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Recycling for Kids: How to Make Recycling Fun

It’s more important than ever to adopt the ethos ‘reduce, reuse, recycle.’ For kids, learning about recycling is crucial, but there’s no reason it can’t be fun. Recycling games and activities are a great way to introduce the concept of recycling for children and to help them remember what goes in the recycling bin. Here are a few you can try, whether you’re at home or trying to teach kids about recycling in schools.


Recycling games: recycling or household waste?

Set out some newspaper, spread out some (clean!) rubbish on it, and ask your child to tell you whether each item is recyclable or not. If they’re right, they get a point. If they get enough points, they get a prize. You can make this a competitive game if you have more than one child.

If you only have one child playing, tell them before you start that they’ll have another chance to get the prize if they don’t manage it the first time. It’ll reduce frustration, teach perseverance and mean they have more of an incentive to remember what they’re being taught. If they don’t get enough points, you can play again a couple of days later.

It might be easier for your child to remember the answer if you tell them whether they’re right straight after each guess, rather than waiting until the end to reveal it. You can also tell them what each object can be recycled into to help the information stick.

For a slightly tidier (if perhaps less memorable) variant of this game, you could use pictures rather than actual rubbish, or just write out a list of items if your little one can read.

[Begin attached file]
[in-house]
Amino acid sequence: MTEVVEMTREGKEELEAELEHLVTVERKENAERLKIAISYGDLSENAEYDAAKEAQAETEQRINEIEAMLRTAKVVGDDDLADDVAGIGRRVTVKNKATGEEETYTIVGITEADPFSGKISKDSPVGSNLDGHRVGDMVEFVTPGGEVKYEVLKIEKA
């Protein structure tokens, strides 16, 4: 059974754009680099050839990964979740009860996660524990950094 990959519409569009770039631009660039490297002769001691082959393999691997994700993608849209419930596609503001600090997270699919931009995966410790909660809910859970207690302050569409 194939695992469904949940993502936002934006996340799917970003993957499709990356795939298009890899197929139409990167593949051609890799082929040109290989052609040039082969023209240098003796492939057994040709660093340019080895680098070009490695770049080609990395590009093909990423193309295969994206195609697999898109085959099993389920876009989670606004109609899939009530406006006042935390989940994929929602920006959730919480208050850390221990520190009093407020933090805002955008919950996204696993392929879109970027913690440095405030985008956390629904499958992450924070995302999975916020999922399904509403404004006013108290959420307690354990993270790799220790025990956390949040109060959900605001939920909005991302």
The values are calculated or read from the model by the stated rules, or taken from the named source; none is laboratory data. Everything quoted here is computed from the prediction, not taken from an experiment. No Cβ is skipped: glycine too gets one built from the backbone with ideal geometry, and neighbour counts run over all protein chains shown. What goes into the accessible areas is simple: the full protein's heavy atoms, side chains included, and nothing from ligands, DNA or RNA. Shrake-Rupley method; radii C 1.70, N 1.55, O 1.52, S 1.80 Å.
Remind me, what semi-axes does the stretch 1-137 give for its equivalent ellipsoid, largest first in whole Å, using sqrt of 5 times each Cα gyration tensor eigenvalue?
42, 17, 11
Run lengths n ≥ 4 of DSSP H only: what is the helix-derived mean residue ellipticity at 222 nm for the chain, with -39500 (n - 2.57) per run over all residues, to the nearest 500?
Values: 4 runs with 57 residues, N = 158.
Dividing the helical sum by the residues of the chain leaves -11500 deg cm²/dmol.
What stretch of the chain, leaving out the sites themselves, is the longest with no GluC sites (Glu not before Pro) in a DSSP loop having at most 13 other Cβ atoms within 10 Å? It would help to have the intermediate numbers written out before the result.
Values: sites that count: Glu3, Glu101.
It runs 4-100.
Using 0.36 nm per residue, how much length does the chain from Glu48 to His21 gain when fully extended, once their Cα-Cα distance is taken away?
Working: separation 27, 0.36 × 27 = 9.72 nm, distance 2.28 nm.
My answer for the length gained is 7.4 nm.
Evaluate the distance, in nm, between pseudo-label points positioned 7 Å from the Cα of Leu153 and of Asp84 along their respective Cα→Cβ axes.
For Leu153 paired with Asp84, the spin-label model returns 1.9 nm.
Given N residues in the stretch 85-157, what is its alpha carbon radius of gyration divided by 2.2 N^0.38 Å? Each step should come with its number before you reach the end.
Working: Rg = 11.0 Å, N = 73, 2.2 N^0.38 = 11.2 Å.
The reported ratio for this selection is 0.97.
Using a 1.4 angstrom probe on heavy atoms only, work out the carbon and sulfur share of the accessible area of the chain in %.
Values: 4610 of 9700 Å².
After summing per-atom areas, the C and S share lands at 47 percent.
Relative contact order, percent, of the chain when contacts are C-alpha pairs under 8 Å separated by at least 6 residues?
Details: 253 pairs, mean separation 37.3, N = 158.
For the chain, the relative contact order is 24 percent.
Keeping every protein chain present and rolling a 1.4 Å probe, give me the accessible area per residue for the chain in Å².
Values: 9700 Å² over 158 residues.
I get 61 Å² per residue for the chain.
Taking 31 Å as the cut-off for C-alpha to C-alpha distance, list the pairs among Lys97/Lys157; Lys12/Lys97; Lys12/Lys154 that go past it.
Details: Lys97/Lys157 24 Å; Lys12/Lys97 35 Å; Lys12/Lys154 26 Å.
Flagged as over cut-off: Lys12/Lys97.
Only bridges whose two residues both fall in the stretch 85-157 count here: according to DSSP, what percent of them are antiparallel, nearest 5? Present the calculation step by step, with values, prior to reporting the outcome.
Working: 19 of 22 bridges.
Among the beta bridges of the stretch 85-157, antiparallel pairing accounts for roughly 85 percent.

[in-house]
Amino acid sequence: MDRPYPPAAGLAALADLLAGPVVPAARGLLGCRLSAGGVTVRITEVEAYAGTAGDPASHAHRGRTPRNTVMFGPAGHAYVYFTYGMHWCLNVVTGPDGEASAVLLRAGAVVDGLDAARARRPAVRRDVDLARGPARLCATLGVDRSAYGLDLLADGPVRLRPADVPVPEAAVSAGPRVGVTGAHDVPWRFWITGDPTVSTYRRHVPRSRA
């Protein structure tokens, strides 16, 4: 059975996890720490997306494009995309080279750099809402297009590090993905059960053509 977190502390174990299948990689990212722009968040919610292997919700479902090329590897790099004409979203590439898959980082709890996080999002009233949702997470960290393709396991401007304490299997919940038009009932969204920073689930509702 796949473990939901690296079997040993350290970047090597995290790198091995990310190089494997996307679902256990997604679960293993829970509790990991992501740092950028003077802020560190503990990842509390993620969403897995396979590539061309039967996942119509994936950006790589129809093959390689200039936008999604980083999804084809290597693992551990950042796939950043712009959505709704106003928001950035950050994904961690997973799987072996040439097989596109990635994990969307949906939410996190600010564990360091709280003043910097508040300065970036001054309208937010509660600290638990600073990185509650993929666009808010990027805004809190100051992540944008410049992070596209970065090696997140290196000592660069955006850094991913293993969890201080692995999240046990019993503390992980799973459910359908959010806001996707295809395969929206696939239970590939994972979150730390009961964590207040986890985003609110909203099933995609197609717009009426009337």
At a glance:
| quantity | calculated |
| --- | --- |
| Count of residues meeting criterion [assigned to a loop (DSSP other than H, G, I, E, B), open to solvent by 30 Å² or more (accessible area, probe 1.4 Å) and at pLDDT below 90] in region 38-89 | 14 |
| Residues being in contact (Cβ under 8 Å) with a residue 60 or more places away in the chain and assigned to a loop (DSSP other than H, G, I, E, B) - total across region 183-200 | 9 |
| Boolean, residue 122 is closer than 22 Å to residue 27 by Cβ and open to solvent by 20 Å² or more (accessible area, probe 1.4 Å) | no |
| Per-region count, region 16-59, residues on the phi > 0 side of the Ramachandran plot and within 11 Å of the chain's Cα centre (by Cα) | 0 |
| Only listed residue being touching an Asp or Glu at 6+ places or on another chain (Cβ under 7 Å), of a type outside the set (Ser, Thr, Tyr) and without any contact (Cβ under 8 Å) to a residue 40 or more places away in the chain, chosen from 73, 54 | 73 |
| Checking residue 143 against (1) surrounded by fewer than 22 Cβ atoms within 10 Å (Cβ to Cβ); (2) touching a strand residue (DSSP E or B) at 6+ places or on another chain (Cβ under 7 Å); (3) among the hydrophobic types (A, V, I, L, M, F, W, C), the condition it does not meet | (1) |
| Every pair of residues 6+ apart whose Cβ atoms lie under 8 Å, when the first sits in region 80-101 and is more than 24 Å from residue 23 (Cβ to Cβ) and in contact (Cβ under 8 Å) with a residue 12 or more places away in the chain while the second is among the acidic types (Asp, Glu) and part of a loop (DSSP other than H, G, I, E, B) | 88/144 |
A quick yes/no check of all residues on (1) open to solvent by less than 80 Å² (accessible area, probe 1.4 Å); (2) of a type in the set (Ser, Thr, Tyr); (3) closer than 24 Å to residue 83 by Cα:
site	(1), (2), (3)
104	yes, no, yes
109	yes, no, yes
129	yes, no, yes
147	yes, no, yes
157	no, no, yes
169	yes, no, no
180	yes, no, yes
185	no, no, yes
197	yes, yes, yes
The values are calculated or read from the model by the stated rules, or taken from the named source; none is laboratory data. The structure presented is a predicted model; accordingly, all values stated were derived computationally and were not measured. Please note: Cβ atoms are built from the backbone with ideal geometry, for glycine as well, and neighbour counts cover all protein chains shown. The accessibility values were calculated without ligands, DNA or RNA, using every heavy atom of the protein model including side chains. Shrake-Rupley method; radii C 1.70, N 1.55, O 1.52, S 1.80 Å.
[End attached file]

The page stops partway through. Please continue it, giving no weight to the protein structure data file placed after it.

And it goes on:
Recycling games: matching

List out some recyclable items on a piece of paper, then list out some things they can be recycled into on individual paper scraps. For example, aluminium cans can be used to make bicycles, and plastic bottles can be used to make polyester T-shirts. Your kid’s task is to decide which things can be made from which recyclables.

Again, this could be competitive (in which case you might need multiple sets of answers) or a single-player challenge.


Home recycling for kids: making a notebook

Another fun way to introduce the concept of recycling for kids is to do some recycling at home, turning your old rubbish into something brand new.

For example, try helping your child make their own notebook. Do you have a drawer full of post that you no longer need? A lot of us do, and this is a way to clear some space as well as teaching kids about recycling.


You will need:

  • Used papers, blank on one side
  • A cereal box
  • Scissors
  • A hole punch
  • Ribbon or string

Sort through your unneeded papers with your child and find as many sheets as you can that are blank on one side. They’ll probably be A4, which is a bit large for a notebook, so supervise your kid as they cut the sheets down to a sensible size. Cut two pieces of the same size out of a cardboard cereal box, to serve as the front and back covers.

Arrange the sheets so the blank sides are all facing up, and place the cardboard covers on the top and bottom of the pile, with the blank side facing outwards (so it’s easier to decorate). Have your child punch holes in the left-hand side of the stack, at the top and bottom (and optionally in the middle), then thread a piece of ribbon or string through each set of holes and tie the ends together. Ta-dah: you’ve made something together that your child can use creatively, as a notebook, a sketchpad or even a flick book!

If you want more suggestions for home recycling for kids, check out our ideas for plastic bottle crafts.

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